Advanced Penetration Testing
Advanced penetration testing is the process of carrying out a simulated attack on network environments, computer systems, and applications in order to discover vulnerabilities.
Advanced Persistent Threat
An Advanced Persistent Threat is a user or a program executing a continuous cyber attack, targeting a specific entity in order to infiltrate systems and steal sensitive data.
The term "bot" originates from the word robot and stands for a remotely controlled computer, which can run tasks automatically. A botnet is a whole network of bots, which can be used to execute cyber attacks. Attackers usually infect computers with malware to take over control and build a botnet which can then be controlled remotely. This gives the cybercriminals a powerful set up to launch a variety of attacks, ranging from simple spamming to sophisticated denial of service attacks (DDoS attacks).
Brute Force Attack
A Brute Force Attack is performed in order to gain access to information which is encrypted, e.g. passwords or Data Encryption Standard Keys. This method uses a trial and error approach to guess passwords by using programs which systematically run through all the possibilities. The higher the encryption standard or the stronger the password respectively, the longer this attack needs to run to successfully obtain the information.
Cybersecurity, also referred to as Information Technology Security, is defined as processes, techniques, and resources in place to protect an organization's hardware, software, data, information and any system connected to cyberspace from being damaged, stolen or misused.
Distributed Denial of Service (DDoS)
A Distributed Denial of Service is an attack using numerous hosts to overwhelm and drown a system, by sending a massive amount of requests of data to a single target, such as a website, a server or a network, causing the target to be disrupted or even crash completely.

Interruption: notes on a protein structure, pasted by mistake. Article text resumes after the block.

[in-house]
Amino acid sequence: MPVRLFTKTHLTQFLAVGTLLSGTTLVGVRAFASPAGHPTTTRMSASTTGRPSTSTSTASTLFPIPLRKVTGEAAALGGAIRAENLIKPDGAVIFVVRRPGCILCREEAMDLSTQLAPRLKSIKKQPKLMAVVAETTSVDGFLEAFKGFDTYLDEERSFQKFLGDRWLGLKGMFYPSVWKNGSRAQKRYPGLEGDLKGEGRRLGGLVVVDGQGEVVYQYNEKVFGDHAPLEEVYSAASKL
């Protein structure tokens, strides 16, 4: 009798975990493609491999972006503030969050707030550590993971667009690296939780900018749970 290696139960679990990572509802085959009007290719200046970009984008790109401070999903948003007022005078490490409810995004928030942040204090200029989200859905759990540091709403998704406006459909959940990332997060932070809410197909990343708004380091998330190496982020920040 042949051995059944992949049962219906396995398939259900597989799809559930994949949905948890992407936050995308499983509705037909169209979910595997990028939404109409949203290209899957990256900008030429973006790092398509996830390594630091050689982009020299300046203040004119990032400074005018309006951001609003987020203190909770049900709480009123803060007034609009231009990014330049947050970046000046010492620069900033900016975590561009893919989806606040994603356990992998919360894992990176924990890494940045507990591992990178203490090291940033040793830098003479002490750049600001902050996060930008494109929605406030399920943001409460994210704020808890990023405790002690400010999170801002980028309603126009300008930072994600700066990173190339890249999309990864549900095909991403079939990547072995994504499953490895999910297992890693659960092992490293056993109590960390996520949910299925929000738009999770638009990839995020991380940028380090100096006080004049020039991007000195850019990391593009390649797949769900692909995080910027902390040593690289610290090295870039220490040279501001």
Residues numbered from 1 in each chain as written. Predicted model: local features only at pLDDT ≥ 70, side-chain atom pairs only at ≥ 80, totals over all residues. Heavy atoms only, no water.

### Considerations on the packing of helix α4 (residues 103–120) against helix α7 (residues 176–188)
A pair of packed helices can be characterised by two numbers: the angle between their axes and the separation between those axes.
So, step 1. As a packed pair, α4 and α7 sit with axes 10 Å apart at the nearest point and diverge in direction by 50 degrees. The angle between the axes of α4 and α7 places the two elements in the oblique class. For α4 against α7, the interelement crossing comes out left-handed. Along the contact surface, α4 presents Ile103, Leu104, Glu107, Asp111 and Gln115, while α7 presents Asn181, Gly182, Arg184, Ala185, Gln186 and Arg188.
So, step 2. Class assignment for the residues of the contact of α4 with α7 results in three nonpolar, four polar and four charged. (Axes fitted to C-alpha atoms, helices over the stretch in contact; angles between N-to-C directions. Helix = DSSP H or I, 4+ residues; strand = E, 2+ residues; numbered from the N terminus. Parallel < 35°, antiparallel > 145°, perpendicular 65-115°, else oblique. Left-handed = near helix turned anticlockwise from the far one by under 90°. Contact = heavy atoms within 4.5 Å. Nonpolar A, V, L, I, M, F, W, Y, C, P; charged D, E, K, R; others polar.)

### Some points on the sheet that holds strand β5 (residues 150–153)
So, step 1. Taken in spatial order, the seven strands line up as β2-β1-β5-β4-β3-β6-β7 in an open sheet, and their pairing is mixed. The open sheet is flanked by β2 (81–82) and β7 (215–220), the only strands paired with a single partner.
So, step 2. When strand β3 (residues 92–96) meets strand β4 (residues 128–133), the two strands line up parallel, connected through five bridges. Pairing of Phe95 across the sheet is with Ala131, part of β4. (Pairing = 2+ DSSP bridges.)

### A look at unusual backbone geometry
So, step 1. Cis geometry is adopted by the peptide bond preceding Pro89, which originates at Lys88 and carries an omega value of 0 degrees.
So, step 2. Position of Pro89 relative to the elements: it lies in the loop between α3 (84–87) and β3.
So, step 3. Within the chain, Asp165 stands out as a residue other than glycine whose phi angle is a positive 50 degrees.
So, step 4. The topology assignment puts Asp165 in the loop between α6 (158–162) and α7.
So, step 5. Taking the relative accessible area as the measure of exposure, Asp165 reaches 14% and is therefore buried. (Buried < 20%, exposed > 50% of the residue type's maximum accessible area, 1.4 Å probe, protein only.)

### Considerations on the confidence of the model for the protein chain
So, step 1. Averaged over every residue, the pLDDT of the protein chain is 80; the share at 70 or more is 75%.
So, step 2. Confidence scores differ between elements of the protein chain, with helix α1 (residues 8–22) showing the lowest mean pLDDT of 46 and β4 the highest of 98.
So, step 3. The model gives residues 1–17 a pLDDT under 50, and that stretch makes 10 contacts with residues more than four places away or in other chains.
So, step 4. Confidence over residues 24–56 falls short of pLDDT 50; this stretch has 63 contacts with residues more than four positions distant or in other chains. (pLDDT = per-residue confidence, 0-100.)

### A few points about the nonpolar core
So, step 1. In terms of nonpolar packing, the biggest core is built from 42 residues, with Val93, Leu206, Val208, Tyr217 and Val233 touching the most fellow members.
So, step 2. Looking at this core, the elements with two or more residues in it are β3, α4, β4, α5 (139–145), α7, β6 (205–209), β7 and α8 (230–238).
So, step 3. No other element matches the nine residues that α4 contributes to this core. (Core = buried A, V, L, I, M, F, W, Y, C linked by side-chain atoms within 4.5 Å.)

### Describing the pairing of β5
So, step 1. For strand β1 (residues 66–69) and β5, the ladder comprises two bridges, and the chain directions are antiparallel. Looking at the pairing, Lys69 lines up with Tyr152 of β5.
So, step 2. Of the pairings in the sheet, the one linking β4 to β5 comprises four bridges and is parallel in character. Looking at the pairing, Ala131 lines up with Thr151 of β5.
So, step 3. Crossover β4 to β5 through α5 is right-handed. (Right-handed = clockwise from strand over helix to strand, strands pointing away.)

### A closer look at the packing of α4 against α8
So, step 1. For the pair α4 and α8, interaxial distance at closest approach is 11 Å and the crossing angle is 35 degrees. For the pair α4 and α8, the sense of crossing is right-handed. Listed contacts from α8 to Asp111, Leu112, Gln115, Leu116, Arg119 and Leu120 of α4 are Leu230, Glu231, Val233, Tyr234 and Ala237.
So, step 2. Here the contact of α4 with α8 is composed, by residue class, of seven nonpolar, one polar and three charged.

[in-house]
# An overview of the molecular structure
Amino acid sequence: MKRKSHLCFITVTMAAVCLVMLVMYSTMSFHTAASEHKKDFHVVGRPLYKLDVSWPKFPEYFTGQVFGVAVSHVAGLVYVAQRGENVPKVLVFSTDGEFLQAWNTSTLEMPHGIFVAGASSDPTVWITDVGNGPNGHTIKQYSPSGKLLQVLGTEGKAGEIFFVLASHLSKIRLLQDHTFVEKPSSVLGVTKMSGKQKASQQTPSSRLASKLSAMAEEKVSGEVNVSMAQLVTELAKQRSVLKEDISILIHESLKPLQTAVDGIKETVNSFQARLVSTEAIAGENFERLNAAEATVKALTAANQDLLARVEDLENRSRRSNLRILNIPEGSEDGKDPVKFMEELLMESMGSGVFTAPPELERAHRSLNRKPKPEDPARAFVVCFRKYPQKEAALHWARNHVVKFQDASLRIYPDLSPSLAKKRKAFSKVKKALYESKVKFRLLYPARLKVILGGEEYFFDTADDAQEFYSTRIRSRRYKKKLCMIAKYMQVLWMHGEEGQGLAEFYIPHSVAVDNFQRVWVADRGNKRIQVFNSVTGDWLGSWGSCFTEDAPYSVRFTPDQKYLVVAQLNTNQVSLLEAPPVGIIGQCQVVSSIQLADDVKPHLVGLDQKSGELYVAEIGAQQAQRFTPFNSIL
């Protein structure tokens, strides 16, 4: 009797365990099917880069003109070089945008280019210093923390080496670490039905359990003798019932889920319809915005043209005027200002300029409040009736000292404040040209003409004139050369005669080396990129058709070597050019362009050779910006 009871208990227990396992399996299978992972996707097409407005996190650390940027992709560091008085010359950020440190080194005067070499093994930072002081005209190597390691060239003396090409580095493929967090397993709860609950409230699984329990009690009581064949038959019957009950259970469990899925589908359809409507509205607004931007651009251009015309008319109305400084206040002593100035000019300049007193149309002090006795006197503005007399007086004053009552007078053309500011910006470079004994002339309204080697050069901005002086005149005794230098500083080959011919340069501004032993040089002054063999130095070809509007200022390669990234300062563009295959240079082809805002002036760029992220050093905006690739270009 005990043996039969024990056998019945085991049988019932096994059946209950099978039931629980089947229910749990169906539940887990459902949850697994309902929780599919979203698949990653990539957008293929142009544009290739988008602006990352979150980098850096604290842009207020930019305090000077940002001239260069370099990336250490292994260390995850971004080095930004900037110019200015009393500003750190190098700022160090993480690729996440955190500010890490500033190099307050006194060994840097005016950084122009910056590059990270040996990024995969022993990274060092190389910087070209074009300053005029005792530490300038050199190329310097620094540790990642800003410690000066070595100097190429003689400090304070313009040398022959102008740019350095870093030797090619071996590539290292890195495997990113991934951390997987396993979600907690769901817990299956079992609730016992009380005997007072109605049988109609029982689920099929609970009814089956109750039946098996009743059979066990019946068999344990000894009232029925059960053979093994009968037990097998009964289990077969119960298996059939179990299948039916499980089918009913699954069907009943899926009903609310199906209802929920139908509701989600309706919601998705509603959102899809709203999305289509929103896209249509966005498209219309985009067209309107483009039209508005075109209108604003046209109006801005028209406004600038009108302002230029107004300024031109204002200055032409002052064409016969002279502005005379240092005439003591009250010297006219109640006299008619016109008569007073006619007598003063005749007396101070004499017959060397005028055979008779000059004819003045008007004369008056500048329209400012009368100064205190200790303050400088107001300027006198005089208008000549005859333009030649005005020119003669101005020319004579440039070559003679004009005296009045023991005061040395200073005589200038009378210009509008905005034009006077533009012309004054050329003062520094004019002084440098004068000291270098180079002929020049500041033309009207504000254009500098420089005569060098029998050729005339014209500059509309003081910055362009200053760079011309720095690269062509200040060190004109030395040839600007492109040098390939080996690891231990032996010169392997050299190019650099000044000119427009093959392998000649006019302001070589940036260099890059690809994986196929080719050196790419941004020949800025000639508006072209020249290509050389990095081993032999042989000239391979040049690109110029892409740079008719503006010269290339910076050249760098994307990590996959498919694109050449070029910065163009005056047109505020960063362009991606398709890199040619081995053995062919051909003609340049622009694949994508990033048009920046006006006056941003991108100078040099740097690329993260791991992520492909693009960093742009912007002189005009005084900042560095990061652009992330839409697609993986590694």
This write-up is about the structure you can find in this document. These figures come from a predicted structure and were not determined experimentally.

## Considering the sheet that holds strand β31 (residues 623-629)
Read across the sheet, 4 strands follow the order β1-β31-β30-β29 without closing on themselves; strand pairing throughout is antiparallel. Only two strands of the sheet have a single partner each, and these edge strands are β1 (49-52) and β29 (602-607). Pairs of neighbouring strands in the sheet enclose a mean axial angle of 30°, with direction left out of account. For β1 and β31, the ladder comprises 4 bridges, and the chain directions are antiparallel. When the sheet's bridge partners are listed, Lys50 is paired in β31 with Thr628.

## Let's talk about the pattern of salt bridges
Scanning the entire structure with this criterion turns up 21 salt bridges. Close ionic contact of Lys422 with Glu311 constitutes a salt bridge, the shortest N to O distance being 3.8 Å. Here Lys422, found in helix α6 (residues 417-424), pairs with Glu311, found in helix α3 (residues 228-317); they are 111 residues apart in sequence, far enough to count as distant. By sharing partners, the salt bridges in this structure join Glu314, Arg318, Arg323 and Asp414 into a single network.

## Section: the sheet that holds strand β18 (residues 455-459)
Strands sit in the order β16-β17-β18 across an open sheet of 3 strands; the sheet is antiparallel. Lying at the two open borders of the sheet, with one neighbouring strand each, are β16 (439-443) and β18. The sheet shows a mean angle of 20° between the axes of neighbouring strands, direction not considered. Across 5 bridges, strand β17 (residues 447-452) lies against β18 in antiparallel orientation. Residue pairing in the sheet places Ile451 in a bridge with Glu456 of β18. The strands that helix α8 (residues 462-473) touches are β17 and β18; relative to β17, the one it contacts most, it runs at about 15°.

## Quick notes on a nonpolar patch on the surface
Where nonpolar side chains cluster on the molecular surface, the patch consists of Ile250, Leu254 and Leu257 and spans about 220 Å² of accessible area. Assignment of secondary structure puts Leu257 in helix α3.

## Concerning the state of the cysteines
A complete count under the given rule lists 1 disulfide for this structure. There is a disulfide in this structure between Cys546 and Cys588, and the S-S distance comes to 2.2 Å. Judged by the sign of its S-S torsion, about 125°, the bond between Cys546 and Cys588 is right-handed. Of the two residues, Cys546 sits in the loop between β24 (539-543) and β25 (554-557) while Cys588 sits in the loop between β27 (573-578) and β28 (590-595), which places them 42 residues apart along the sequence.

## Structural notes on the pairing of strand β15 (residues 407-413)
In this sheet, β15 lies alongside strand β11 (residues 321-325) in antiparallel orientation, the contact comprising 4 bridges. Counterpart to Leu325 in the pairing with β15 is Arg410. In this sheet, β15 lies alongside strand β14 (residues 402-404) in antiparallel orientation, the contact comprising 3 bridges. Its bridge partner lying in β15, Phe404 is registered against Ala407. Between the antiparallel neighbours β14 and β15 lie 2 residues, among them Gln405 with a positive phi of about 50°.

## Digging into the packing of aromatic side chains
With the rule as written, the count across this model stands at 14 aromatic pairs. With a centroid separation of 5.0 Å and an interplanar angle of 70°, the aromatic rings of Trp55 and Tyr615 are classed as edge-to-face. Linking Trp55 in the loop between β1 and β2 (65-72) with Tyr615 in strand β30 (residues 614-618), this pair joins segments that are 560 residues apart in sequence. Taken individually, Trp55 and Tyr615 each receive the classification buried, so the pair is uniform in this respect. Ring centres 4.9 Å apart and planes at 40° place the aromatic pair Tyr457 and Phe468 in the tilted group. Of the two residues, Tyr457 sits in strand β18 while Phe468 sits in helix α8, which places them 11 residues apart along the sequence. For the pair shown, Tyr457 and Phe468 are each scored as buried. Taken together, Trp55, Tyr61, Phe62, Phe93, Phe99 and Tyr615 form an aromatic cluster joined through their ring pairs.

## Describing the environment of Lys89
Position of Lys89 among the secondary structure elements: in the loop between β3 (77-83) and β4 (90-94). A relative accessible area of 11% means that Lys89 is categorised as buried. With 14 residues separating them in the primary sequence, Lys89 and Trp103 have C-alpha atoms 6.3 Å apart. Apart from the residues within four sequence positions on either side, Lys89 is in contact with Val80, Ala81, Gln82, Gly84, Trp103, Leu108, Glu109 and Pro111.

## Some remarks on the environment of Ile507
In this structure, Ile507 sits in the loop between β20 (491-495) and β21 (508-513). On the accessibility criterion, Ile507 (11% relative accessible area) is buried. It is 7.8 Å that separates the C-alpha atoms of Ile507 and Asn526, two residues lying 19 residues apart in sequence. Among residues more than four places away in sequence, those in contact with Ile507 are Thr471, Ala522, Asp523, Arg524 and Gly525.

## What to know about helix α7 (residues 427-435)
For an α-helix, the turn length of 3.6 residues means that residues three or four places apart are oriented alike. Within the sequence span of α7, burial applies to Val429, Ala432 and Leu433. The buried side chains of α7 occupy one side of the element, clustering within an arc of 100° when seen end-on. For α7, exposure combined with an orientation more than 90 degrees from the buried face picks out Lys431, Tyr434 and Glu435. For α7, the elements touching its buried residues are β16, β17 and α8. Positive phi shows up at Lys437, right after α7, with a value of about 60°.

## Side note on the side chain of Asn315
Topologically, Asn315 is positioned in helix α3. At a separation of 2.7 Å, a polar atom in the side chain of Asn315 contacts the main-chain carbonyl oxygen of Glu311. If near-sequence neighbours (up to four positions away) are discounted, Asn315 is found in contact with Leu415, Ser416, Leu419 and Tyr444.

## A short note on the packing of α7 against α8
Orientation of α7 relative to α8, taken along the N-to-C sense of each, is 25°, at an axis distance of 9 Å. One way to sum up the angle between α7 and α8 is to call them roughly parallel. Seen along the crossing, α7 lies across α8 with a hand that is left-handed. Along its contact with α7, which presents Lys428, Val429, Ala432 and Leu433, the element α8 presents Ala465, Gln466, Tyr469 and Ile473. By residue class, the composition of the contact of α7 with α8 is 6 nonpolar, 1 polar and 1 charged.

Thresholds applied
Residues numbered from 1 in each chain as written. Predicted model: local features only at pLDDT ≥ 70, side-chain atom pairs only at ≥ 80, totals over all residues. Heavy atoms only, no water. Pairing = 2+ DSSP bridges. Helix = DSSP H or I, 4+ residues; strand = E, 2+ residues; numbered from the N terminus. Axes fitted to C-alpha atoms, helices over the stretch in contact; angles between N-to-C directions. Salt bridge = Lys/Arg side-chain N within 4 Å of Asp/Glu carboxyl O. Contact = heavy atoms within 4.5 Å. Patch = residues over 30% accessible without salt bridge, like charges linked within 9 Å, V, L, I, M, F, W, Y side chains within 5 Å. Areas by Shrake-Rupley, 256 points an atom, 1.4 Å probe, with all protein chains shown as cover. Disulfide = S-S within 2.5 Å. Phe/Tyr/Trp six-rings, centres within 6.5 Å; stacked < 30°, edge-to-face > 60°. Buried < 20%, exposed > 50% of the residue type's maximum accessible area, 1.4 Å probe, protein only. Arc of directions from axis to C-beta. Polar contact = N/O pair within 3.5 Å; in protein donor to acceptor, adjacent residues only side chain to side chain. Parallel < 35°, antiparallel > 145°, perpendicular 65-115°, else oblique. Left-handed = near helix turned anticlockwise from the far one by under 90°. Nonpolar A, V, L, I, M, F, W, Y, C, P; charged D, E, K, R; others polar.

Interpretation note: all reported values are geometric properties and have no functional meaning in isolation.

End-to-end encryption is a method of communication between a system to another. The information sent is encrypted before being transferred through a network, to prevent third parties to access or tamper with the data. This allows only the communicating users to read the messages sent.
A false positive, often encountered in vulnerability scanning of a network, is a security alert that incorrectly states that malicious activity is occurring.
A firewall is a network security system that controls and monitors network traffic, both incoming and outgoing, based on a set of defined security rules. A firewall, therefore, is able to block unauthorized access and can prevent malicious activity and attacks such as viruses or worms entering a network.
Forensics, or Cyber Forensics, is a method of electronic investigation to gather, retain and analyze data, in order to determine, reveal or prove criminal activity.
A honeypot is a cybersecurity technique whereby a server is set up (or many servers, which is then referred to as a "Honeynet"), to entice criminals to attack it. The honeypot ideally looks like a legitimate target, but has intentionally built-in vulnerabilities, to attract the hackers. The purpose of setting up a honeypot is to learn how the attackers approach the vulnerabilities and also to divert the criminals from actual high-value assets.
A hunter, or cyber threat hunter, is an information security professional, who seeks/hunts to identify, contain and remediate anomalies and cyber threats inside a network.
Cyber Intelligence, also referred to as 'Threat Intelligence", is a special form of information collected from various sources such as the indexed web, the deep-web, and the dark-net. The purpose of this collection is to constantly have the latest knowledge on cyber threats, in order to minimize risks of companies and act proactively against attacks.
Malware is a phrase used to describe all types of software which are designed to damage or disable IT-systems. Common examples of malware are viruses, worms, trojans, and ransomware.
Phishing is a method used by cybercriminals to trick individuals to reveal sensitive information, most common passwords or financial information such as credit card numbers. A typical approach is to send legitimate looking emails including a link or an attachment which if clicked on, installs malware on the receivers system or prompts the individual to enter sensitive information.